ANTIMICROBIAL SUSCEPTIBILITY TESTS
Disk Diffusion Testing
Antibiotic Gradient Diffusion Testing
Dilution Susceptibility Tests
Serum Bactericidal Test
Combination Antimicrobial Therapy
Antiviral Susceptibility Testing
Under ideal circumstances, the use of antimicrobials would follow a logical sequence of events in which a pathogen is isolated from a clinical specimen, in vitro antimicrobial susceptibility tests are performed, and, based on the results of the laboratory tests, the patient is administered an agent that exhibits inhibitory activity against the offending microbe. In practice, however, etiologic agents frequently are not recovered from patients with an infectious syndrome, and empiric antimicrobial therapy is usually necessary. Nevertheless, in many circumstances, the clinical microbiology laboratory does play an important role in assisting the physician in selecting antimicrobial therapy.
Antimicrobial susceptibility testing is indicated for microbes that are isolated from appropriately collected clinical specimens and that have unpredictable drug susceptibility patterns. For example, susceptibility assays would be appropriate for a Staphylococcus aureus recovered from the blood of a febrile drug user or for a Pseudomonas aeruginosa isolated from the sputum of a patient with pneumonia acquired in an ICU. On the other hand, testing is not required for pathogens that are predictably susceptible to antimicrobials of choice; for example, in vitro tests are not necessary for group A streptococci, as the bacterium remains susceptible to penicillin and erythromycin. With recent changes in the susceptibility of some common human bacterial pathogens, especially Streptococcus pneumoniae and Enterococcus species, in vitro testing that was previously not necessary is now often required. Because of technical and other difficulties, the need to perform susceptibility tests on anaerobic bacteria must be determined on a case-by-case basis. Finally, because of the requirement for special techniques, antimycobacterial susceptibility testing is usually performed at a regional laboratory, and antifungal and antiviral assays at a research facility.
In most hospitals, the microbiologist, infectious disease physician, and pharmacist contribute to the decision concerning which of the many available antimicrobials are to be used in the susceptibility assays. For example, all third-generation cephalosporins are very active in vitro against Escherichia coli and other Enterobacteriaceae, and these drugs have been shown to be effective in clinical trials; nevertheless, an institution may elect to have just one or two of these drugs on the formulary and so the laboratory will test (or report results) for the formulary agents only. Similarly, although a number of cephalosporins demonstrate in vitro activity against methicillin-resistant S. aureus, clinical observations indicate that this class of drug is not effective in treating patients infected with the microbe; accordingly, the laboratory will not determine the susceptibility of methicillin-resistant S. aureus to cephalosporins. In short, the clinician should not expect to find results for every antimicrobial on susceptibility test reports.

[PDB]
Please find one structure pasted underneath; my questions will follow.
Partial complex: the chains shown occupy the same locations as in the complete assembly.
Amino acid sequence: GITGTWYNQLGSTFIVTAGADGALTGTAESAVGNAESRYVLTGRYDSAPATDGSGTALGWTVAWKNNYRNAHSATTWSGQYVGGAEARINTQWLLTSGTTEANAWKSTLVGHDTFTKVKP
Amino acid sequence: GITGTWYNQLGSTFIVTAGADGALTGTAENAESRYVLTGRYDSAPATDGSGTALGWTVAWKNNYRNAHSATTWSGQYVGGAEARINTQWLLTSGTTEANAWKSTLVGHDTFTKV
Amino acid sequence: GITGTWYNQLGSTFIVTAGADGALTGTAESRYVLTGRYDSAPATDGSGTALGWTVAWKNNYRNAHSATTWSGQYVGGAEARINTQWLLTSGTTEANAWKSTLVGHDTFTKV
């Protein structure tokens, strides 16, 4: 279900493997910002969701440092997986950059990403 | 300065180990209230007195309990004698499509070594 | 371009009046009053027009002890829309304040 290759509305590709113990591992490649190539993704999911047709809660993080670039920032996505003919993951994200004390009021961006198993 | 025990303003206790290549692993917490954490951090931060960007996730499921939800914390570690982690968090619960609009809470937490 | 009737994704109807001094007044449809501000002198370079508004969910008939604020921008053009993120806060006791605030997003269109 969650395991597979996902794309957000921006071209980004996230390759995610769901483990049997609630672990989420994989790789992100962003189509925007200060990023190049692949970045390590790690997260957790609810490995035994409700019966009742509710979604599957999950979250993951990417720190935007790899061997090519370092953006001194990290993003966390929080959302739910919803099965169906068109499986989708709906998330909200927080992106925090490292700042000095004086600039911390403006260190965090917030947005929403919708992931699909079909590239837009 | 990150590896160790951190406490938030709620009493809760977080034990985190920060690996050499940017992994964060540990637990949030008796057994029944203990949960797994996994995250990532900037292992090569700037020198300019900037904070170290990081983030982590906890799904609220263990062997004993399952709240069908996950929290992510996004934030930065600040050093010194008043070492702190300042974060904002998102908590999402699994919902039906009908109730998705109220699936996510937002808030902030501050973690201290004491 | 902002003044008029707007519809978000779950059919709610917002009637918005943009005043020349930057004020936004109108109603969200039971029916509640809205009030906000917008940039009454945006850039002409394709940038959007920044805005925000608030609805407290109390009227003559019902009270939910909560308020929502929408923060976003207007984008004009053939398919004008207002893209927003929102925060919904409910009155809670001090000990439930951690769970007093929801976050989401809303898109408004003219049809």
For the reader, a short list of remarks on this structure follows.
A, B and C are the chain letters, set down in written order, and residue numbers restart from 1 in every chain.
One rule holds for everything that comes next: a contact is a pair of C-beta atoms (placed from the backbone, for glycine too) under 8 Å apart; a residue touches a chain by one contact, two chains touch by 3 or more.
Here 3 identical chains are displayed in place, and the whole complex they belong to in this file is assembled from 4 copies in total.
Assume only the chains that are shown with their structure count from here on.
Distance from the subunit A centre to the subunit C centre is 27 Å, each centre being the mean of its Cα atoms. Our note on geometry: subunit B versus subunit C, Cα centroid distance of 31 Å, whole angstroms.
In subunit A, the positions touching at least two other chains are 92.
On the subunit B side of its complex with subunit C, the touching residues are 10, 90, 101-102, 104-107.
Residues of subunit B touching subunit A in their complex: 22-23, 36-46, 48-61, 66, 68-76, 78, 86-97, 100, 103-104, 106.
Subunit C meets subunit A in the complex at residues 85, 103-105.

Disk Diffusion Testing
Introduced in the 1960s, the disk diffusion test or Kerby-Bauer method is an important technique for evaluating the ability of an antimicrobial to inhibit the growth of a bacterium. Disk susceptibility testing is based on the principle that there exists an inverse linear relationship between the concentration of drug necessary to prevent bacterial proliferation and the zone or area of growth inhibition around an antimicrobial-impregnated disk; thus, the smaller the concentration of drug required to prevent growth, the larger the zone of inhibition. In the procedure, an agar plate (e.g., Mueller-Hinton medium) is streaked with a standardized bacterial inoculum containing approximately 1 × 108 colony-forming units (CFU), and as many as 12 paper disks containing a standard quantity of antimicrobial are dropped onto the plate, which is then incubated at 35°C for 16 to 18 hours. The diameter of the area around each disk that is free from visible bacterial growth is measured to the nearest millimeter. The zones of growth inhibition are compared with reference values, and the results are reported as “susceptible,” “intermediately susceptible,” or “resistant” to each agent tested; of note, a computer program is available that can provide a “calculated minimum inhibitory concentration (MIC)” based on the zone size. The disk technique is an inexpensive, rapid, reproducible, and relatively simple means of evaluating antimicrobial susceptibility; however, standardized procedures must be followed. In addition, the disk diffusion test can be employed only for microbes that grow rapidly on artificial media; thus, this technique is not reliable for evaluating the susceptibility of anaerobic and other fastidious bacteria.
Antibiotic Gradient Diffusion Testing
A relatively new method for assessing susceptibility, the E test uses a plastic strip that is coated with a continuous antimicrobial gradient on one side and has an MIC scale printed on the other. The strip is placed on an agar plate inoculated with the bacterium of interest; following incubation, the intersection of the strip with the edge of the elliptic zone of inhibition is identified, and the MIC is read from the scale. In comparative studies, data from the E test have correlated very well with the results of broth or agar dilution susceptibility assays. The E test has greatly facilitated the ability of microbiology laboratories to determine MICs for fastidious microbes, especially S. pneumoniae. On the other hand, the costs of the E test strips are substantial, and the expense of the assay has limited its use.